Wednesday, April 15, 2009

COMMENTARY: What Makes a Good Book "Good"?

So I have a question. What makes a good book “good”? I’ve been thinking a lot about this lately (what with all the spare time I have on my hands these days). And I’ve asked a few people what they think. My 7-year-old daughter thinks that the most important feature of a good book is that it has interesting pictures. She also doesn’t like a book to be boring and wants an exciting story to read. My husband also thinks a book needs to be exciting and have a minimal amount of dialogue. Nothing would bore him to tears faster than the emotional lumberings of an author like Jane Austen (who, by the way, is one of my favorites).

Well, that makes sense for them, I suppose. But why is it that sometimes the most plot-deprived stories are the best books I’ve ever read, and that some of the most exciting storylines are just not that enjoyable to read? And I don’t really need pictures if the author is good at painting them for me with words.

So here is my list of the top six things that make a good book “good” to me:
1. Relatable Characters. I have to be able to relate to the people I’m reading about, at least at some level. I may be able to sympathize with them. I may hate them because they are so awful. Or I may fall in love. But I have to FEEL something about the characters or I just have no interest in reading the book.
2. Use of Language. I really don’t like books that are written at a 4th grade reading level, generally speaking. I want to be challenged by the words in a book. I want to twist my mind through detailed, expressive and complex sentences. If I have to re-read a sentence in a book to really understand it, I don’t look at that as a bad thing. One of the best authors at doing this is Ayn Rand (“Atlas Shrugged” and “The Fountainhead”—two of the best books I’ve ever read). “The Lord of the Rings” Trilogy was also an incredible read for that same reason (not to mention the fact that it was exciting…)
3. Unique Storyline. Nothing I hate more than having a little bit of déjà lu (that feeling that you’ve read this before) when it’s a book you haven’t actually read. That “same old, same old” story just doesn’t do it for me. I want to read about something new and interesting! Give me a character I’ve never seen, a plot that I’m impressed with, or a locale that I’m excited to learn more about. Give me something NEW!
4. How It Makes Me Feel. If I finish a book and I feel like I’ve been left hanging, or if the ending was uselessly sad or upsetting (the book doesn’t necessarily have to have a happy ending, but the ending needs to have some purpose), or if I feel like I’ve just wasted hours of my life on a stupid story, the book will not be on my favorites list. I want to feel good when I finish a book. I want to feel like I got something out of it, like I learned something, or just that it made me happy to have read it.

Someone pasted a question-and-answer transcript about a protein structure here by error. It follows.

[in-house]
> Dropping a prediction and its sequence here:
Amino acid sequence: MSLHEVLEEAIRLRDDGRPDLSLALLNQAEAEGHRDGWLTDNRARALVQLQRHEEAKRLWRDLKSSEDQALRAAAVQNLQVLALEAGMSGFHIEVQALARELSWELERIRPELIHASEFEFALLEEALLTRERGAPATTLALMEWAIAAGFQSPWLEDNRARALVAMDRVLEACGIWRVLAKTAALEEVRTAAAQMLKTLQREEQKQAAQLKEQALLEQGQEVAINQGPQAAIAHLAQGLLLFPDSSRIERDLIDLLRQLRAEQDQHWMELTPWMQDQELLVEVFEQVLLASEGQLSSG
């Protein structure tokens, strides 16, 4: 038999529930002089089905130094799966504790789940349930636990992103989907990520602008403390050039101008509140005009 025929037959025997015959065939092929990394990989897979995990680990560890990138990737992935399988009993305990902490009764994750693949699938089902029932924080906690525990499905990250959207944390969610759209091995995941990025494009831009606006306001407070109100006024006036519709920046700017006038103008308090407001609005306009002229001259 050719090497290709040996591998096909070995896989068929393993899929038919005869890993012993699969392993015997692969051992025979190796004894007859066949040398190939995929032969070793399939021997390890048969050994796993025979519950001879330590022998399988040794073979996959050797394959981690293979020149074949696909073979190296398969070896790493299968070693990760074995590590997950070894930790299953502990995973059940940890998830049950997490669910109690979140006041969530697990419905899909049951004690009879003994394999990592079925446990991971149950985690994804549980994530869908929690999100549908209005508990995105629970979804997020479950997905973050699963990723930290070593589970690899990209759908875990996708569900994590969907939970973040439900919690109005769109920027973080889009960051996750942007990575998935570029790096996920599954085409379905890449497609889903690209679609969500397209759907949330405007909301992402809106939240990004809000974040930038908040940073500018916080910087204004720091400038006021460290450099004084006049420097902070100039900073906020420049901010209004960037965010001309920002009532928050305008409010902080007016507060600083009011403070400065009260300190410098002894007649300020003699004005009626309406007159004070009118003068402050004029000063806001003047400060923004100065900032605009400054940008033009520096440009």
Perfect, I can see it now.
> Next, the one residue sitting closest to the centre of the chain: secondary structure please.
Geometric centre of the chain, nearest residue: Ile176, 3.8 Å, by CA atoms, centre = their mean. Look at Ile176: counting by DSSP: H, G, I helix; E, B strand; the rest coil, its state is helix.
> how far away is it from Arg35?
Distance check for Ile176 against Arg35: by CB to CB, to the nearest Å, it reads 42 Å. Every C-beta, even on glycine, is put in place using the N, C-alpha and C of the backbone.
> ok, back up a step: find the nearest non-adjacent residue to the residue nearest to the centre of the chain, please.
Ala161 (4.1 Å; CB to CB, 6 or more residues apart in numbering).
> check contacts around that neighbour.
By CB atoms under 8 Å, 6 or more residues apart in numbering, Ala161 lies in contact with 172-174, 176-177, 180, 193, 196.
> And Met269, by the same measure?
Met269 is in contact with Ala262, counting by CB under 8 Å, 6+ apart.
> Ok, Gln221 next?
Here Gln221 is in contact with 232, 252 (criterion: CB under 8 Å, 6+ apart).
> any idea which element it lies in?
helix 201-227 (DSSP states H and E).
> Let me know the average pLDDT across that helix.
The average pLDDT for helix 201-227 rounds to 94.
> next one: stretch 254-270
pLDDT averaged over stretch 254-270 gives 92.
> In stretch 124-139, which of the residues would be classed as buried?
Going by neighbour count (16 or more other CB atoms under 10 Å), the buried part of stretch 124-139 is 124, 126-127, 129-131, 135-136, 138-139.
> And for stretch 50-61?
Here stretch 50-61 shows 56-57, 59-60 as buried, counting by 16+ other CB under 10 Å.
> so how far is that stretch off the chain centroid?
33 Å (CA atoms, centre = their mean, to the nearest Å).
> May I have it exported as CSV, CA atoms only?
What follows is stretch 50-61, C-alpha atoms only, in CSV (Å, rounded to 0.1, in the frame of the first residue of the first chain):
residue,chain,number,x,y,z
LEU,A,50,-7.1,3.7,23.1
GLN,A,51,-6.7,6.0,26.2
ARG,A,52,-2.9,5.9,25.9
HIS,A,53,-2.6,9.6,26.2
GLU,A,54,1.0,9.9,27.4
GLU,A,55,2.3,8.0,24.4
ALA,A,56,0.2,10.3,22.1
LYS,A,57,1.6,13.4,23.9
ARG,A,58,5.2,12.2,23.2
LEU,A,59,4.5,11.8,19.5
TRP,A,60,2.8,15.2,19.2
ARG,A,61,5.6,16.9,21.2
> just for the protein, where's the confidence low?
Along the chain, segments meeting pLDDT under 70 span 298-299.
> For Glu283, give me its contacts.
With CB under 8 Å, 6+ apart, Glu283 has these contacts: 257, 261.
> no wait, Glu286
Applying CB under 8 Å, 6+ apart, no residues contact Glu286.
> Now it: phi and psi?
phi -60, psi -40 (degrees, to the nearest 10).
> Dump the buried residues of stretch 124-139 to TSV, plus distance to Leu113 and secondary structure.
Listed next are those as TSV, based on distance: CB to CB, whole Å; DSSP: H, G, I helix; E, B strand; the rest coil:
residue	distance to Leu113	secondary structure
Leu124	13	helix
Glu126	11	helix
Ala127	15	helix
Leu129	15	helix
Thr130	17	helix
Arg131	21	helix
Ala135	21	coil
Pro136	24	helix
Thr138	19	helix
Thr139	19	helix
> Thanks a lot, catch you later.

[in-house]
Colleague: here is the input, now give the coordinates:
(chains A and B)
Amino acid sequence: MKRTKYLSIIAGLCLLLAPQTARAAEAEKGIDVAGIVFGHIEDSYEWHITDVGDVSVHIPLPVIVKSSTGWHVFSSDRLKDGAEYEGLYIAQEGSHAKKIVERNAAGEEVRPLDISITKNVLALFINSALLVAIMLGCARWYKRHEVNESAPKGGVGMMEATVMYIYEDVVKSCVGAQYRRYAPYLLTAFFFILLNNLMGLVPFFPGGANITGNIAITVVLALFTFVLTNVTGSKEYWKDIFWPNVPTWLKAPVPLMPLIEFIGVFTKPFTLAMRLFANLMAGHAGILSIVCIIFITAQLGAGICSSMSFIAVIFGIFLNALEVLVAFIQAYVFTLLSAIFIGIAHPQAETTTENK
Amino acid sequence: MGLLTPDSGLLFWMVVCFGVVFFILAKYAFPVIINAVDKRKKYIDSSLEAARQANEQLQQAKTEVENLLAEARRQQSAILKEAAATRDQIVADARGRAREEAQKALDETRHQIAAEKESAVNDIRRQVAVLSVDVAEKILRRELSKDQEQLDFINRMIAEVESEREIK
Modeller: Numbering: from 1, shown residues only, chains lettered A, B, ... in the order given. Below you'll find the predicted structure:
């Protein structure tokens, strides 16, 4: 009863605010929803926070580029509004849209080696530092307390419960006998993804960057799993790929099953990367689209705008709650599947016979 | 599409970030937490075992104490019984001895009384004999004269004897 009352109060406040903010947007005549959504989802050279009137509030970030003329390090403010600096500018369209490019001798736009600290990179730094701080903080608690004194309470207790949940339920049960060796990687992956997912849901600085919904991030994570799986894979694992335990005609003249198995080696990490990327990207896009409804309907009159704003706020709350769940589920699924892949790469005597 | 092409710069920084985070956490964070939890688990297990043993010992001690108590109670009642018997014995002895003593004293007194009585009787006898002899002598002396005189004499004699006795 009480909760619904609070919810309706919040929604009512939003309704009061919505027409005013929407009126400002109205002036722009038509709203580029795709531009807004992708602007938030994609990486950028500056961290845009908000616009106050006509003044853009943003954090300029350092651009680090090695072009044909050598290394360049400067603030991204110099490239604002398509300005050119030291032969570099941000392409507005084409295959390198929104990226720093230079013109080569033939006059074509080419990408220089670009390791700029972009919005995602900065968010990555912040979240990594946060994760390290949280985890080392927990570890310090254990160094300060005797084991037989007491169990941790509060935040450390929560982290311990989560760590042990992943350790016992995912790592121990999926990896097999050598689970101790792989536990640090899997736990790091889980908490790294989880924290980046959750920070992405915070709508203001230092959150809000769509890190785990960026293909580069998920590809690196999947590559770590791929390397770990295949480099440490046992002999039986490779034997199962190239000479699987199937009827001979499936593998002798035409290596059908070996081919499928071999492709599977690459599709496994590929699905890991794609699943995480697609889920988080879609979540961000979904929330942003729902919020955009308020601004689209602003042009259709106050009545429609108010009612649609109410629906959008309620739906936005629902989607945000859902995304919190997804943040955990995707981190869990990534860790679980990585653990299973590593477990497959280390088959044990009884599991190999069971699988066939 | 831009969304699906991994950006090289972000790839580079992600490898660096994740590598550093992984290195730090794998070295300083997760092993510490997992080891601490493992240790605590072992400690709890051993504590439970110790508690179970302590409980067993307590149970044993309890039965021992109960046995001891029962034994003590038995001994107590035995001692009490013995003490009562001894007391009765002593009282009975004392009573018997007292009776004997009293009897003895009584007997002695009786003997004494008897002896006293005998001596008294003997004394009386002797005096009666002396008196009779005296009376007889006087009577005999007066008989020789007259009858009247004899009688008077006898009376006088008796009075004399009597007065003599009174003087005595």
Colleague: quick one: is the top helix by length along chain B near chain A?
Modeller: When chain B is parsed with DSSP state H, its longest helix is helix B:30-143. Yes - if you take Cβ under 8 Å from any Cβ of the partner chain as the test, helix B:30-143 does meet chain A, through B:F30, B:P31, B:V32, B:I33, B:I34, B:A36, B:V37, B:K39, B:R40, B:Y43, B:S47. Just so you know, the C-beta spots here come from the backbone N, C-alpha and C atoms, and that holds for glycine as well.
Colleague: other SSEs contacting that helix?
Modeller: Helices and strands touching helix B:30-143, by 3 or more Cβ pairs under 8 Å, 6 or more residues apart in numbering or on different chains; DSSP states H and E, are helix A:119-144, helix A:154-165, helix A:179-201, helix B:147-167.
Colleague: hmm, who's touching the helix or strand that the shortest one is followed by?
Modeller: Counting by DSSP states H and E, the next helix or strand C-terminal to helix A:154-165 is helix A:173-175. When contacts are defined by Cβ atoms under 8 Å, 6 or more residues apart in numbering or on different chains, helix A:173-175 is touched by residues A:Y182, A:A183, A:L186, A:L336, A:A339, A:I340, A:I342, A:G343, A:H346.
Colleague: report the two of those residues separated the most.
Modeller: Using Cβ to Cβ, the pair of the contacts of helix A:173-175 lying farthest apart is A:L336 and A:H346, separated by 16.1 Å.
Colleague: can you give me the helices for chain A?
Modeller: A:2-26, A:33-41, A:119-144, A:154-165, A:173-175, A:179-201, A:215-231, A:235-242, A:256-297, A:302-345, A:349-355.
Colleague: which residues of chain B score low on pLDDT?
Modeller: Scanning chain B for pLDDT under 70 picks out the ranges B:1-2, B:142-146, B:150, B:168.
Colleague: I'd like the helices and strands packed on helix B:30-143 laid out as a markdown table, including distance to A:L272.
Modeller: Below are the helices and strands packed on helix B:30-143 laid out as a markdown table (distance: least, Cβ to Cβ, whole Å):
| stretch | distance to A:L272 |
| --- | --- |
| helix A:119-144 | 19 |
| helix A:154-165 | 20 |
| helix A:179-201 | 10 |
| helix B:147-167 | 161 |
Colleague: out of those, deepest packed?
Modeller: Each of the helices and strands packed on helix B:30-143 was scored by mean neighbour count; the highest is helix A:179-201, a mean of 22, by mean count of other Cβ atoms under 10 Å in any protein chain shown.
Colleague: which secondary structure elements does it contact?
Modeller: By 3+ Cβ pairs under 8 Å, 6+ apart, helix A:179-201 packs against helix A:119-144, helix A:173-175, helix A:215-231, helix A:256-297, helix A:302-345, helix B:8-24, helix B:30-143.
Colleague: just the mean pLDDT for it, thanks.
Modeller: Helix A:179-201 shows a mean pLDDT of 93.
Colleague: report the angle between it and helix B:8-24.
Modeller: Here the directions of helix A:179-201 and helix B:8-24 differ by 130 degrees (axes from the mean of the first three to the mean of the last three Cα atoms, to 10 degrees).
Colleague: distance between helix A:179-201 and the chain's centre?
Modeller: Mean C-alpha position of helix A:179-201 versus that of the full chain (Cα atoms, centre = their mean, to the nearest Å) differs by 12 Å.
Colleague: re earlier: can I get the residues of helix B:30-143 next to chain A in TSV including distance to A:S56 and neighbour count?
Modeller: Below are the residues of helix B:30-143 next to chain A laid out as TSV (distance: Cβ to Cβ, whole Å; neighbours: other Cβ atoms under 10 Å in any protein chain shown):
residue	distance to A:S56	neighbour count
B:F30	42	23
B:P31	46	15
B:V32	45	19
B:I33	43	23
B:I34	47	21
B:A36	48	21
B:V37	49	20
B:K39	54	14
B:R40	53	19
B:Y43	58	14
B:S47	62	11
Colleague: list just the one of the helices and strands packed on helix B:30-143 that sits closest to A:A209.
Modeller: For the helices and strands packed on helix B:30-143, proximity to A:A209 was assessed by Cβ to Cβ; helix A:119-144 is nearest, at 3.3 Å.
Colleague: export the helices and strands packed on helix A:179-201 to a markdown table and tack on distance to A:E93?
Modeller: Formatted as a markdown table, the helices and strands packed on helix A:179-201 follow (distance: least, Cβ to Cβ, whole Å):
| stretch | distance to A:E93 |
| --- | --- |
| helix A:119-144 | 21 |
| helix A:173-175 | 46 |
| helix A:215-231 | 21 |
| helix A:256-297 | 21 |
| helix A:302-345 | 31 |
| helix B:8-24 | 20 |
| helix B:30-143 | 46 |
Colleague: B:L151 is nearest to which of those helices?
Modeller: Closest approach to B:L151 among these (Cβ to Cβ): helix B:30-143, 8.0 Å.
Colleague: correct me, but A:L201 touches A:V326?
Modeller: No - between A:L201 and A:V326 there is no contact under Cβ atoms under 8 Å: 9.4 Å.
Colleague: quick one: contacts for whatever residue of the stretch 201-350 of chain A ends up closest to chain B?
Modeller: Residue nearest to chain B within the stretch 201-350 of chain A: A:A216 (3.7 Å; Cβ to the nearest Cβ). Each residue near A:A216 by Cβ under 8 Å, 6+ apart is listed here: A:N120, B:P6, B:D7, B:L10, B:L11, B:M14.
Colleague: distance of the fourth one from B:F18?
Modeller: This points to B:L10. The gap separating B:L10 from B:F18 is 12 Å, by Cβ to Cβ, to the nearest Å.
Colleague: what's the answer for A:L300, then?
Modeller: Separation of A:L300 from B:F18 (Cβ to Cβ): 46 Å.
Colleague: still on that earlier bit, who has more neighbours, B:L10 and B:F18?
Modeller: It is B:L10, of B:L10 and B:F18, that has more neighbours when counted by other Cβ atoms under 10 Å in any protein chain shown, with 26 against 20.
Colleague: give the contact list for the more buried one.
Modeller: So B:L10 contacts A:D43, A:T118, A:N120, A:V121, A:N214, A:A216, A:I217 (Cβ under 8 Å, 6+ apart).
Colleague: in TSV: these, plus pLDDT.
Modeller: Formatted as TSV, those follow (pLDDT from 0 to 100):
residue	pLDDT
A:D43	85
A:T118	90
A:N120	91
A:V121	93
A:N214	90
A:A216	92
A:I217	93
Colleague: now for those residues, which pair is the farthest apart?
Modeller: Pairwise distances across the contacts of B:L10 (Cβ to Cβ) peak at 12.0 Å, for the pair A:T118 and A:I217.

5. Does It Make Me Think? I will be glad I read any book that can make me think. If you tell me a story and it makes me question my own life, my own existence, you were successful. One of the best books for this was “Life of Pi” by Yann Martel. You read this absolutely incredible tale about a boy who was given a death sentence, which he somehow survives, only to make you question the very core of your own beliefs.
6. Good Title and Interesting Book Cover. So maybe it doesn't really matter in the grand scheme of things what the name of the book is or what the cover looks like, but if the title is boring, I'm not even going to pick it up. And if the cover is grotesque or disturbing or ordinary, it doesn't make me want to open up the pages to see more. Startle me with a provocative title and I'm much more prone to read you!

So what makes a good book “good” to you?


  1. I agree that the characters have to be relatable. I have to feel like I know them in order to be interested in their story.
    I don't always agree that the book has to be challenging. Especially the books that I read at bedtime. I don't want to have to think about what I am reading. I just want to relax and enjoy the story.
    I do love it when I read a book and at the end just sit there and say "wow" and they kind of hang with you for awhile and make you look inside and think about yourself.
    The biggest turn-off in a book for me is when they don't really have emotion and they are technical.

  2. You mentioned that "The Fountainhead" and "Atlas Shrugged" are two of the best books you have ever read, yet as of 8/31/11, it appears you haven't reviewed either of them. Were you planning on reviewing them at some point? If not, why not?

  3. I haven't read The Fountainhead nor Atlas Shrugged in a long time. I will put them back on my "to read" list and will add reviews soon!